Credit check after holidays may prevent problems later
End-of-year holidays are filled with additional tasks and distractions, making it difficult to think more than one step ahead. After all the gifts and meals, however, there’s one more important step to take before relaxing: a credit report check.
Ignoring your credit security can lead to unpleasant surprises and long-term complications. The frequent use of electronic payment methods and online shopping only reinforces the importance of paying close attention to what appears on credit reports, said Cindy Clampet, Oklahoma State University Extension resource management specialist.
“Whether it’s for a job, a new place to live or a new car, someone will need to check your credit, and that is the wrong time for surprises,” she said. “Regularly reviewing your credit report can help prevent identity theft and catch errors serious enough to possibly trigger a loan denial or higher interest rate on a credit card.”
Consumers are legally entitled to one free credit report each year from each of three agencies. Copies of the reports can be ordered at www.annualcreditreport.com.
Those agencies are Equifax, Experian and TransUnion, and they collect information from businesses and organizations that provide regular reports on the payment behaviors of their clients. They sort and organize that data for easy-to-read personal credit reports. That overview is assigned a score that represents how risky it is to offer credit to that person. The higher the score, the lower the risk.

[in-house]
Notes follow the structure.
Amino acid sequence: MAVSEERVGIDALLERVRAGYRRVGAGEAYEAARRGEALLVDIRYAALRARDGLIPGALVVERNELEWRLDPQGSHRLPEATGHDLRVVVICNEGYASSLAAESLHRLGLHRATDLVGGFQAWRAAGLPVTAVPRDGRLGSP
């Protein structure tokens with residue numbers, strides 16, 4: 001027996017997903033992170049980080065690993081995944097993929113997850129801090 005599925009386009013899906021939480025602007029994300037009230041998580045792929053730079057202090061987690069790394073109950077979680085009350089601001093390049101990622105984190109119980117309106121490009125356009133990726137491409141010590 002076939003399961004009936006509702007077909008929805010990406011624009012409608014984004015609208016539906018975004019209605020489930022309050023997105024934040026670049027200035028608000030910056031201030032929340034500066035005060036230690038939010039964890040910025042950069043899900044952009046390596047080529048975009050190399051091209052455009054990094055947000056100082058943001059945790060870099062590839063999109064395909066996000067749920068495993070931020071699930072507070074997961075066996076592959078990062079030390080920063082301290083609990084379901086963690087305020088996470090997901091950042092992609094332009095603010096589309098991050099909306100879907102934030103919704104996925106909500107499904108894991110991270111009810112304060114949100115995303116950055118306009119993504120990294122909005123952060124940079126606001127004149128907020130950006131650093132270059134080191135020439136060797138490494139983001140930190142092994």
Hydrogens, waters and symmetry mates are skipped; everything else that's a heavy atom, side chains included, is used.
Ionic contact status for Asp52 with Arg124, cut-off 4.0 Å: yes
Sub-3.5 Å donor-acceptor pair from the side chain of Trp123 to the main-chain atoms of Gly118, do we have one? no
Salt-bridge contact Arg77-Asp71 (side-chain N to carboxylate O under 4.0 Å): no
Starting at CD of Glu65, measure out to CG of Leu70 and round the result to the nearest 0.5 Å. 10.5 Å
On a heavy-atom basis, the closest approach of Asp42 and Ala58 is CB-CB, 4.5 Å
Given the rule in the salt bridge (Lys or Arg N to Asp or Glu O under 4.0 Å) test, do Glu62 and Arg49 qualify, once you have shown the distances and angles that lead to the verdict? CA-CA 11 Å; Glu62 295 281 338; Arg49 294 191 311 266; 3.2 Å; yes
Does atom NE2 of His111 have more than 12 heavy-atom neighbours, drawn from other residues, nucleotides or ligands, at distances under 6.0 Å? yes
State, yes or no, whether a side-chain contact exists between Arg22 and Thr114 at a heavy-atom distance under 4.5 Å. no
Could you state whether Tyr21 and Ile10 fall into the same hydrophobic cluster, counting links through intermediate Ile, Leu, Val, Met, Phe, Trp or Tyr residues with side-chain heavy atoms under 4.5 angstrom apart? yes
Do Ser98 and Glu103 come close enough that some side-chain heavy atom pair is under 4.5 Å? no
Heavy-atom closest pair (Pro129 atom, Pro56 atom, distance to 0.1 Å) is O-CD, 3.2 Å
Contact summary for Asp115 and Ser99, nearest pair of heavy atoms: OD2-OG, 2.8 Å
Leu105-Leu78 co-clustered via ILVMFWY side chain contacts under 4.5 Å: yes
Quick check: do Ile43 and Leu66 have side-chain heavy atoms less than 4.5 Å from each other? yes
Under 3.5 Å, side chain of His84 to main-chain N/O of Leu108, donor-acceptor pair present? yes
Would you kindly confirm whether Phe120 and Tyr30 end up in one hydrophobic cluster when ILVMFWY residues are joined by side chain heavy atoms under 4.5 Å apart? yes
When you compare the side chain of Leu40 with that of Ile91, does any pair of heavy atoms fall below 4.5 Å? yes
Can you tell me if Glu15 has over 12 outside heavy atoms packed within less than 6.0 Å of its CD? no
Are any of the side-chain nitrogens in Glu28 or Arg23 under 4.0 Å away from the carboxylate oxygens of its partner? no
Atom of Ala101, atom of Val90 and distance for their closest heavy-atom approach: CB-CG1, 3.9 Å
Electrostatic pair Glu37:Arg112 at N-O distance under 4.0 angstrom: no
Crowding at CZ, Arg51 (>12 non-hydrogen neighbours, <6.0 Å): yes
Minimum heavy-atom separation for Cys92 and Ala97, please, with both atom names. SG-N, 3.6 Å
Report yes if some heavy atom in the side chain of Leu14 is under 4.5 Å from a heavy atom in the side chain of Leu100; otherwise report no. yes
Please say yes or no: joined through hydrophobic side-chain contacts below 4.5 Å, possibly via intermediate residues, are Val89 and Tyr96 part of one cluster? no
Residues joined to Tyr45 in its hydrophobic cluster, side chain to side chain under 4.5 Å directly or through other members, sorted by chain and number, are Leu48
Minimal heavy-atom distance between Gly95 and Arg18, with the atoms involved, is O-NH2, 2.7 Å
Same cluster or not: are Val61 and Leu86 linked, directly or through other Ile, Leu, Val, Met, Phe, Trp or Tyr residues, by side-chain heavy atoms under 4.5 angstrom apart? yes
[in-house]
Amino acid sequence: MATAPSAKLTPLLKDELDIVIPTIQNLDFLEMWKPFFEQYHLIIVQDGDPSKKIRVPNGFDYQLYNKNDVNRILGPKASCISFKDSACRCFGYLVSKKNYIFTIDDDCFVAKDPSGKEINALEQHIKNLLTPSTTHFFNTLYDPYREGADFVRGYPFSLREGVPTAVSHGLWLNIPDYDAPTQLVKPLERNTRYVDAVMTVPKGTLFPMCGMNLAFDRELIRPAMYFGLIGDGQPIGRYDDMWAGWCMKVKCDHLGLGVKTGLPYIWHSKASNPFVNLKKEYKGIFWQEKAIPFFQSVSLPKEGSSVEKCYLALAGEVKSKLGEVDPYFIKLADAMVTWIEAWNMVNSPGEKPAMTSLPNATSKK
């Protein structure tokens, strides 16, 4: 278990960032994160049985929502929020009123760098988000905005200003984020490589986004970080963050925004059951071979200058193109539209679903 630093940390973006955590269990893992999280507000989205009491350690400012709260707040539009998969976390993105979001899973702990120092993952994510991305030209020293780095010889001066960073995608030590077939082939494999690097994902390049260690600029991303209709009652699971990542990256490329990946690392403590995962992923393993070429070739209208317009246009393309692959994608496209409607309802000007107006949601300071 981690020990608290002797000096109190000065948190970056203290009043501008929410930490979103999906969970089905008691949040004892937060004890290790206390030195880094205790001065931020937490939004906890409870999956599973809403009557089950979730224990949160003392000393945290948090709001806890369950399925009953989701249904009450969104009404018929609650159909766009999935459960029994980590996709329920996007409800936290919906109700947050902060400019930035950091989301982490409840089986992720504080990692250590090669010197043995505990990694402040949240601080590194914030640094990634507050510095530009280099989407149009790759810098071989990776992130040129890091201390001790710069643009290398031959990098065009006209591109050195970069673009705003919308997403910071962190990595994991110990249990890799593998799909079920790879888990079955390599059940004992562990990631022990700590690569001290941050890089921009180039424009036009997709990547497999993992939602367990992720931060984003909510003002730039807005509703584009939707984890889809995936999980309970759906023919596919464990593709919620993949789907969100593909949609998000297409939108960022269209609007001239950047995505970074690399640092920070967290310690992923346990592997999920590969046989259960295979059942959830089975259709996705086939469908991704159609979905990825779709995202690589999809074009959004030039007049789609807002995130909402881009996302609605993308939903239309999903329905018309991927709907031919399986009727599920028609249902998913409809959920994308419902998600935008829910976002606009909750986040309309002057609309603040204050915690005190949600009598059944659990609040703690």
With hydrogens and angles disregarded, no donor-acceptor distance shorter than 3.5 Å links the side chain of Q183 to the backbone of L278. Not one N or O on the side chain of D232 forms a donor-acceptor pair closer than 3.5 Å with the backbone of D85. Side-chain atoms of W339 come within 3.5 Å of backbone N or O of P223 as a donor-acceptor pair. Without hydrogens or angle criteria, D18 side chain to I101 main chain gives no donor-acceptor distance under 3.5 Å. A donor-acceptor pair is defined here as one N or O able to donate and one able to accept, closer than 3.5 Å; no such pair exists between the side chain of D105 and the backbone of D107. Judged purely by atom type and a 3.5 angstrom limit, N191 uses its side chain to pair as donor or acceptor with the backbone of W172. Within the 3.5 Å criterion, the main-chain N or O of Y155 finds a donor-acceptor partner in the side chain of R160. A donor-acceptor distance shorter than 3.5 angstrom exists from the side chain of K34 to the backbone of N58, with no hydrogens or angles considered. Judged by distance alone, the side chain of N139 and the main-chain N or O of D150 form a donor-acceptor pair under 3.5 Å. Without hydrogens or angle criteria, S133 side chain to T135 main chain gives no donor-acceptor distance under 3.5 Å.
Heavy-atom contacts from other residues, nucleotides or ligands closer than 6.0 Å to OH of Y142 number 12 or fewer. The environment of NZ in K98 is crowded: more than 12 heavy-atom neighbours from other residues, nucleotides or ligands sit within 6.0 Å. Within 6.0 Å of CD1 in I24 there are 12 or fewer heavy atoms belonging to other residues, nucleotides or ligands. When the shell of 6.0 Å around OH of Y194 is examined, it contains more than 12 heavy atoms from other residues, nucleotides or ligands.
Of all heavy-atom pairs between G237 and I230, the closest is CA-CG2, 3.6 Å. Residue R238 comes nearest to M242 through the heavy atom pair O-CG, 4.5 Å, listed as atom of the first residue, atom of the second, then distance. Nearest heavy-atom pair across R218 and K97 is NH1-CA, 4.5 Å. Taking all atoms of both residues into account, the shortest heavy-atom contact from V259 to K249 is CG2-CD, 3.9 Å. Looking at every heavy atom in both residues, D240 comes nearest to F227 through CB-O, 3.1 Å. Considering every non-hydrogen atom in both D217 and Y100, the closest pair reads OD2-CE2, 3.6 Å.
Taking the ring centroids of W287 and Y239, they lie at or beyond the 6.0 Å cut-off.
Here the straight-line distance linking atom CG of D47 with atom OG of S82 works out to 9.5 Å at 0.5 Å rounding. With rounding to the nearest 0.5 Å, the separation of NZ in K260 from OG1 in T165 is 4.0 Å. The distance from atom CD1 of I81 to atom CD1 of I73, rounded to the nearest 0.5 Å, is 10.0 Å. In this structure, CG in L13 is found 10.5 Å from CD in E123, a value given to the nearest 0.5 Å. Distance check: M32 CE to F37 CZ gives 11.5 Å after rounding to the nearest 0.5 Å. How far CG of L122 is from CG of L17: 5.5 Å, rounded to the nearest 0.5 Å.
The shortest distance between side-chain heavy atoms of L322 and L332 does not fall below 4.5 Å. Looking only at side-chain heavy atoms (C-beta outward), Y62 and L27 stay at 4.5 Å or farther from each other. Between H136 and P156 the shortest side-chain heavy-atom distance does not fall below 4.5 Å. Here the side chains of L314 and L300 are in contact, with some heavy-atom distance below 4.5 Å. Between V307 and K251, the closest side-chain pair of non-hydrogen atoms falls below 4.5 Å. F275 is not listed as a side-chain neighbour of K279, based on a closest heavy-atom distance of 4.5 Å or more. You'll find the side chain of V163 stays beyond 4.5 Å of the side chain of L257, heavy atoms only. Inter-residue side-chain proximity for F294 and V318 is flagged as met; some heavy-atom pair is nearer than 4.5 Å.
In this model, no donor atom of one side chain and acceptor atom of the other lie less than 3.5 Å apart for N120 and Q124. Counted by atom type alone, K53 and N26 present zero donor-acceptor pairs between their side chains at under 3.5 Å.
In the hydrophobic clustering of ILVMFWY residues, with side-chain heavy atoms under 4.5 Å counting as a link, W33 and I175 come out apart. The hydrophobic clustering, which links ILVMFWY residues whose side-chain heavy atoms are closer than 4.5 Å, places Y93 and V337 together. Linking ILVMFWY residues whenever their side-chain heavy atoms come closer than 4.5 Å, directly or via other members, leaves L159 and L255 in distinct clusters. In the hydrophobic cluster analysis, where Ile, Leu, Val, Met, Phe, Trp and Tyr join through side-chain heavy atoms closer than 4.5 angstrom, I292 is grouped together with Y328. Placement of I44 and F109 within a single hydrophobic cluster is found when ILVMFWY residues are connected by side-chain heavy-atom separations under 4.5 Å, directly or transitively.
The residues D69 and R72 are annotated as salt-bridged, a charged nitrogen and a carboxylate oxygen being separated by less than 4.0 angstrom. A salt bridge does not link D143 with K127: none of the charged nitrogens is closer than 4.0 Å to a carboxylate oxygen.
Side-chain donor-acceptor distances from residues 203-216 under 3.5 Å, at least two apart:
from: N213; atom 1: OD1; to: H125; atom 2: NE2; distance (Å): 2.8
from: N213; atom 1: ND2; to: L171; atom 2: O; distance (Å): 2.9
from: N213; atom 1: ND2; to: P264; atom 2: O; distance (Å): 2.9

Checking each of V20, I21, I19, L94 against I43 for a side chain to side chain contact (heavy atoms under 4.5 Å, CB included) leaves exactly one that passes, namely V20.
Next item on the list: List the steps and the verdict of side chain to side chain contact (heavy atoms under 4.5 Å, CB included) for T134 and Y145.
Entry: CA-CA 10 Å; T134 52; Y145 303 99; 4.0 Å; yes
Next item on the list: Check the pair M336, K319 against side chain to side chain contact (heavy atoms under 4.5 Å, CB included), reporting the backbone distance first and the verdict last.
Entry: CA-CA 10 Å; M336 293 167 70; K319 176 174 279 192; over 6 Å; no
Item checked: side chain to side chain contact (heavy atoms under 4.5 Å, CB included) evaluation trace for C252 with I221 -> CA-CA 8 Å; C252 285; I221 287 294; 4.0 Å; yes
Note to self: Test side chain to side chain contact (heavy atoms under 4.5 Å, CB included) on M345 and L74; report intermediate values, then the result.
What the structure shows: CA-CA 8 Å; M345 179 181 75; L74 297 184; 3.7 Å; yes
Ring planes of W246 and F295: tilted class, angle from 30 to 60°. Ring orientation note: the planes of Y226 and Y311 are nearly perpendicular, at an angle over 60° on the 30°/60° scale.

“You can monitor your credit for free year-round by requesting a report from a different agency every four months,” Clampet said. “Victims of identity theft who have a notation added to their credit histories are eligible to receive more than the three reports annually.”
Many credit card companies also offer free credit scores to account holders, but consumers should be aware these scores can be different than the score that would be used to assess credit worthiness in some circumstances.
“If you need help understanding your credit report, make an appointment with a non-profit credit-counseling agency,” Clampet said.
Other online resources include www.myfico.com, which provides a detailed explanation of credits scores, and www.bankrate.com, which offers tools to estimate an individual’s credit score.
For guidance on how to address errors on a credit report, consumers can go to the Federal Trade Commission website at www.ftc.gov. Instructions for disputing errors also can be found on credit reports.